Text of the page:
Some clients have plans and dreams for retirement. About five years before the retirement transition period is a good time to incorporate such changes, if they haven’t already been accounted for in the plan. Ask about planned housing changes, such as moving to a new location or renovating a current home; a new vehicle; travel; plans to pay off debt; and lifestyle changes (such as going from skiing one week a year to skiing three months a year) and include them in the plan.
  • Stress-test a spending surge
    Many clients may know what they are retiring from—but not what they are retiring to. For these clients, stress-test a spending surge during one or more of the years just before and after retirement. Most commonly, spending may temporarily change about 30% up or down just before or after retirement, although over one-third of retirees have even bigger spending changes, including a few who temporarily more than double their spending in the retirement transition period, most likely as a result of a single event or purchase.
  • Build a cushion
    Opportunistically move money to liquid assets prior to retirement to build a cushion that will mitigate the effects of unforeseen spending volatility and reduce sequence-of-return risk.

The takeaway for advisors is that addressing spending volatility in the transition years will make a vital difference to their clients’ long-term financial well-being. For more information on our research and findings, listen to our webcast Spending in Transition, which also includes trends in spending beyond the retirement transition period.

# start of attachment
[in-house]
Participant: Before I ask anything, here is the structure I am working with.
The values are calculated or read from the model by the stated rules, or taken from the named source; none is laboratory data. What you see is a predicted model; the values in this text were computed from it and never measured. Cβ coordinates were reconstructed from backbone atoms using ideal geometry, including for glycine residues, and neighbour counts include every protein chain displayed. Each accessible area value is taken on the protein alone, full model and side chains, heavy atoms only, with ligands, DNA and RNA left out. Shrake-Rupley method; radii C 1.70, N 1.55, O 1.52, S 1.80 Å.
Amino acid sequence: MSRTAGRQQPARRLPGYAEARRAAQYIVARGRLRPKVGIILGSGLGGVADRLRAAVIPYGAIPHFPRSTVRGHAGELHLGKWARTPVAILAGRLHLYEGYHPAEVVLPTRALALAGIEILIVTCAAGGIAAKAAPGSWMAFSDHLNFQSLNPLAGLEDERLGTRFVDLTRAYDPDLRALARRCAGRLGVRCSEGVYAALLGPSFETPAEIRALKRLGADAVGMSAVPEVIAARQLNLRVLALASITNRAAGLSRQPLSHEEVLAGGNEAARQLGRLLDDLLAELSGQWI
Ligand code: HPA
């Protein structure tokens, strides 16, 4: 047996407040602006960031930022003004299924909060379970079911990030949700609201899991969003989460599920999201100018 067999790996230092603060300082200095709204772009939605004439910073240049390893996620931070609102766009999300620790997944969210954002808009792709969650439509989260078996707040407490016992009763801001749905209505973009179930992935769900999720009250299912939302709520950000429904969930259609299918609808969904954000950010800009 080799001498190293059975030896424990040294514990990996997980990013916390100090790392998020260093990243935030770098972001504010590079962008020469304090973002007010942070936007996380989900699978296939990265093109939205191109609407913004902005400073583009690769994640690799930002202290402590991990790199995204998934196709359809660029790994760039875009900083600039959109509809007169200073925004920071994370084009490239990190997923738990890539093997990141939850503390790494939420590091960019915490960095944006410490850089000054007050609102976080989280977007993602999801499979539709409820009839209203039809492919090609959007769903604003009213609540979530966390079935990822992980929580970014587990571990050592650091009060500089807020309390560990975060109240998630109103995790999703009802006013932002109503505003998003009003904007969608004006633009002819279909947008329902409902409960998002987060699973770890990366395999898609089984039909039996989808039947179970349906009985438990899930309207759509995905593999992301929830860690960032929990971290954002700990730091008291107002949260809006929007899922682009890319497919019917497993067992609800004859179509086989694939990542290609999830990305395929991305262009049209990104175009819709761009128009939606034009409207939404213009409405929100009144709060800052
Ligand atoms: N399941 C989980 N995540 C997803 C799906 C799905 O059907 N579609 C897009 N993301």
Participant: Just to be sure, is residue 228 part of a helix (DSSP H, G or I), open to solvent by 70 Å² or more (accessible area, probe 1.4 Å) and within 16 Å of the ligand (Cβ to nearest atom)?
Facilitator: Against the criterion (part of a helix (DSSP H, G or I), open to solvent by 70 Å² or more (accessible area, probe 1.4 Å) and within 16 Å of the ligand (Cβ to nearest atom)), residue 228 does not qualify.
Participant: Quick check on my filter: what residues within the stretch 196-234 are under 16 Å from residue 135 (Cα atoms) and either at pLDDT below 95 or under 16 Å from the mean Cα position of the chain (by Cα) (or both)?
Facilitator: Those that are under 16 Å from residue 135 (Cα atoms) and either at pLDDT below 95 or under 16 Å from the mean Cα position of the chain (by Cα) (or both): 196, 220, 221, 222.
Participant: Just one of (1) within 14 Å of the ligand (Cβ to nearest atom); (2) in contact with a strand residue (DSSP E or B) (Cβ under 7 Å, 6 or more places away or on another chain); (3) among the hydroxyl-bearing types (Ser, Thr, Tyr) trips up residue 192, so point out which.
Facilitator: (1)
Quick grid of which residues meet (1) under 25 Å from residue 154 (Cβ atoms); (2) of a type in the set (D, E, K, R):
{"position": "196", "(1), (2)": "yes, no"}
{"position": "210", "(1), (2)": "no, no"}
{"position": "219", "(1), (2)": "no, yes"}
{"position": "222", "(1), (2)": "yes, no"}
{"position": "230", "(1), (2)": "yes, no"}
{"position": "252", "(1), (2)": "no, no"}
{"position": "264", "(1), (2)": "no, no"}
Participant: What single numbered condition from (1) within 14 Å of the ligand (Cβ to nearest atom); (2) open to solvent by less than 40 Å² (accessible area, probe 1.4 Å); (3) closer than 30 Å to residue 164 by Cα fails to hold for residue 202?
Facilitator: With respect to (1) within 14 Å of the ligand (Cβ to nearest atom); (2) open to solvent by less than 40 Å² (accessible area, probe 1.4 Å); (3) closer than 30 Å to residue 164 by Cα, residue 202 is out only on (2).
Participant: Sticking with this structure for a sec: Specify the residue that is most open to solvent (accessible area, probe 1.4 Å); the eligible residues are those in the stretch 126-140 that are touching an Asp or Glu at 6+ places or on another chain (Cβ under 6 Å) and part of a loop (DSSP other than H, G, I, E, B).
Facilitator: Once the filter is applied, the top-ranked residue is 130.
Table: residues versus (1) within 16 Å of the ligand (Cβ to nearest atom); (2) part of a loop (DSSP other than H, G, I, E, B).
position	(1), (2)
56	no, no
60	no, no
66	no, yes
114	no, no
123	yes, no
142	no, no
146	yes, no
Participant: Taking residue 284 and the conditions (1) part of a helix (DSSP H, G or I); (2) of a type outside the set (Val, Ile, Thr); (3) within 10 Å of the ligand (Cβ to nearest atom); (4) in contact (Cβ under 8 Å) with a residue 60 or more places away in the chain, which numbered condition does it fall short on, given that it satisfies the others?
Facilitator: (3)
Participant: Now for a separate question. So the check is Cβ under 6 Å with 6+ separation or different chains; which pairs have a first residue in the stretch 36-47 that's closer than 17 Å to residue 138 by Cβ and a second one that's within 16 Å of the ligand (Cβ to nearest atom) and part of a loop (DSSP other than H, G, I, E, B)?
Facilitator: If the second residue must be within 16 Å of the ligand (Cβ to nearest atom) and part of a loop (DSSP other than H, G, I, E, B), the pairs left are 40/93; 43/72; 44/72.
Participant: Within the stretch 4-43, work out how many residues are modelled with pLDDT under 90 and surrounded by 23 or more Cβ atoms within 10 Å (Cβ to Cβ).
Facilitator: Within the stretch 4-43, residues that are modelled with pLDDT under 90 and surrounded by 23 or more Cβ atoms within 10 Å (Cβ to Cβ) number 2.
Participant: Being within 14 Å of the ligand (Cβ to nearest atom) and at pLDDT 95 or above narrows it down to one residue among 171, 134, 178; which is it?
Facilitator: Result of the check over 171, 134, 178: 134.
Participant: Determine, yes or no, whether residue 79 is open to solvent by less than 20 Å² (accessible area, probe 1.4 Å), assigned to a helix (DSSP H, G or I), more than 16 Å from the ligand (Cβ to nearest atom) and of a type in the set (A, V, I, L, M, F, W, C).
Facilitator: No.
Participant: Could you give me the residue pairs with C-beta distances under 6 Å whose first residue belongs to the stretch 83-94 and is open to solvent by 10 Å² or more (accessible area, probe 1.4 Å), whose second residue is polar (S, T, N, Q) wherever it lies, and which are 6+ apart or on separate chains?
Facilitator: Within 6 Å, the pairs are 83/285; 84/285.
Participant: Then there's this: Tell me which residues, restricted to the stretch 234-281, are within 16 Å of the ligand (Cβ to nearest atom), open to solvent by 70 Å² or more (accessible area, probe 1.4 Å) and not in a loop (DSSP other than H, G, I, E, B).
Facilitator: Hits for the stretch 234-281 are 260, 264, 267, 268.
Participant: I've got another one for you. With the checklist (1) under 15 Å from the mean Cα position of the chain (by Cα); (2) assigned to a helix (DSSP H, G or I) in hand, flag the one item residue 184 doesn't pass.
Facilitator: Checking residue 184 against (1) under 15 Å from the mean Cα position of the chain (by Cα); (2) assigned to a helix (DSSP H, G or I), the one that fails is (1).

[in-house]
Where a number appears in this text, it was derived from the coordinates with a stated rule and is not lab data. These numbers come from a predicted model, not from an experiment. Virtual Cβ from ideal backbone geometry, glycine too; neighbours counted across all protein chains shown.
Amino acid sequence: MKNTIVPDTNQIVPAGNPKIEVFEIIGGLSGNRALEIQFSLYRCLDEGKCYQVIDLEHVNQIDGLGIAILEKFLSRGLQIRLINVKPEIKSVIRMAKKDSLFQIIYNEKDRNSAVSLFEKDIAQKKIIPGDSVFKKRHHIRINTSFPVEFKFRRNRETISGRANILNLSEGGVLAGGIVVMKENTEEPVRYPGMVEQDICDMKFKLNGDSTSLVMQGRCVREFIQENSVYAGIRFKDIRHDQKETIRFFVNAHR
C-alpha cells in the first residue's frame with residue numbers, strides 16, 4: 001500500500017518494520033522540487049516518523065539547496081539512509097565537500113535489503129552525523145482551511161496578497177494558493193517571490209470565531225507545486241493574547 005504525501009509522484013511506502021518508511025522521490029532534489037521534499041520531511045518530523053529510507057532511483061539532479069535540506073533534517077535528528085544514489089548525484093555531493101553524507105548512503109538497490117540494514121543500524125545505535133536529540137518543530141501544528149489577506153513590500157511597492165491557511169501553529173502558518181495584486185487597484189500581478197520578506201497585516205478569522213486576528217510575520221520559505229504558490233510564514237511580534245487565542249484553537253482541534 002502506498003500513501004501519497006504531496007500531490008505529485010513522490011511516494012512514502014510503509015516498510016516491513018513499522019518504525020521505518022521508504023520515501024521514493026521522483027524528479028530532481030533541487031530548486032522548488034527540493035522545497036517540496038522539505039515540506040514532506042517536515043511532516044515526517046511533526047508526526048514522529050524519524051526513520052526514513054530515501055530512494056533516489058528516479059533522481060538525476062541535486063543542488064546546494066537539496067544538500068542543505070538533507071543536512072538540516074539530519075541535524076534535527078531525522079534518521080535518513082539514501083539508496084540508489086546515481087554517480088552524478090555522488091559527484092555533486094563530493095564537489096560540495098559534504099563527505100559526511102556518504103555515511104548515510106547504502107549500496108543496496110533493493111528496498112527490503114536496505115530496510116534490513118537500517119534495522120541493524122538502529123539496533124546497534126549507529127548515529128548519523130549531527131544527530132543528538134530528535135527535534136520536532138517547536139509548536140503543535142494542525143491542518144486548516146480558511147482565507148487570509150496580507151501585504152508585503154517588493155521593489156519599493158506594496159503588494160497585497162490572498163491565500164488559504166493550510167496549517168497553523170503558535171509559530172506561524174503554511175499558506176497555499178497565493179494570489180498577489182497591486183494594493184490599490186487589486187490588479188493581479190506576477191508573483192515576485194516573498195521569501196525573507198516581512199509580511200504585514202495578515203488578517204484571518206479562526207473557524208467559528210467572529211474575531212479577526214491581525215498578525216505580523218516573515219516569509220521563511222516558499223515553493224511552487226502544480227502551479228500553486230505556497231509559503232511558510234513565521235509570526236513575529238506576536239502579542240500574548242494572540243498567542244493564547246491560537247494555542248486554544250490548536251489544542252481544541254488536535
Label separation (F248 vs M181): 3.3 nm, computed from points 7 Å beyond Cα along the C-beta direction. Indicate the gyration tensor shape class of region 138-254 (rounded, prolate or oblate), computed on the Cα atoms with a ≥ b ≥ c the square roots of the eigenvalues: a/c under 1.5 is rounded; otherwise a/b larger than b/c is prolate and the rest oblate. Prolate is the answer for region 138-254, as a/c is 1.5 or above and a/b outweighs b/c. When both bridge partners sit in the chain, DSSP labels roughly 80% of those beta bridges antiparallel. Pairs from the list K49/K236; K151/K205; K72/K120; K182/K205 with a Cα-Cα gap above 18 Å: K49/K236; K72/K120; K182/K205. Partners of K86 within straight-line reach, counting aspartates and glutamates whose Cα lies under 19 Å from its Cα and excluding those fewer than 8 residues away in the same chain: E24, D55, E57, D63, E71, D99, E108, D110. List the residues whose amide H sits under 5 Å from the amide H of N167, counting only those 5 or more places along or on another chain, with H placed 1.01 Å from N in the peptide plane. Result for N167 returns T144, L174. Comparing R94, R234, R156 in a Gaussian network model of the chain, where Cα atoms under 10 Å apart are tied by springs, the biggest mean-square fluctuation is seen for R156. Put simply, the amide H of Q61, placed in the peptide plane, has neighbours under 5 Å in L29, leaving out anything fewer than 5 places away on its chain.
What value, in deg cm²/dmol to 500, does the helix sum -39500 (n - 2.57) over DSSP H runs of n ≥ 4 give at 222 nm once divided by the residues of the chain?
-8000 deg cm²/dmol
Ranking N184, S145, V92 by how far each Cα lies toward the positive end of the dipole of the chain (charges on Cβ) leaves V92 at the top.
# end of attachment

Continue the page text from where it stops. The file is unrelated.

Source: Aggregated and de-identified Chase credit card, debit card, electronic payment, ATM withdrawal and check transactions from October 1, 2012 to December 31, 2016. Outliers in each asset group were excluded (0.1% of top spenders in each spending category). Information that would have allowed identification of specific customers was removed prior to the analysis.

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  • Before J.P. Morgan Asset Management receives the data, all unique identifiable information, including names, account numbers, addresses, dates of birth and Social Security numbers, is removed.
  • J.P. Morgan Asset Management has put privacy protocols for its researchers in place. Researchers are obligated to use the data solely for approved research and are obligated not to re-identify any individual represented in the data.
  • J.P. Morgan Asset Management does not allow the publication of any information about an individual or entity. Any data point included in any publication based on customer data may only reflect aggregate information.
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  • We started with 31 million households. By looking at changes in the mix of labor and retirement income, we determined who had likely retired during the study period, October 2012 to December 2016.
  • We then narrowed our focus to only those who had retired and appeared to do most of their spending via Chase. This left us with a robust data set of nearly 60,000 households for our analysis.
  • The most common retirement ages were 60 to 69, with a median age of 64.
  • We also saw that people who retired before age 60 were more likely to have a pension.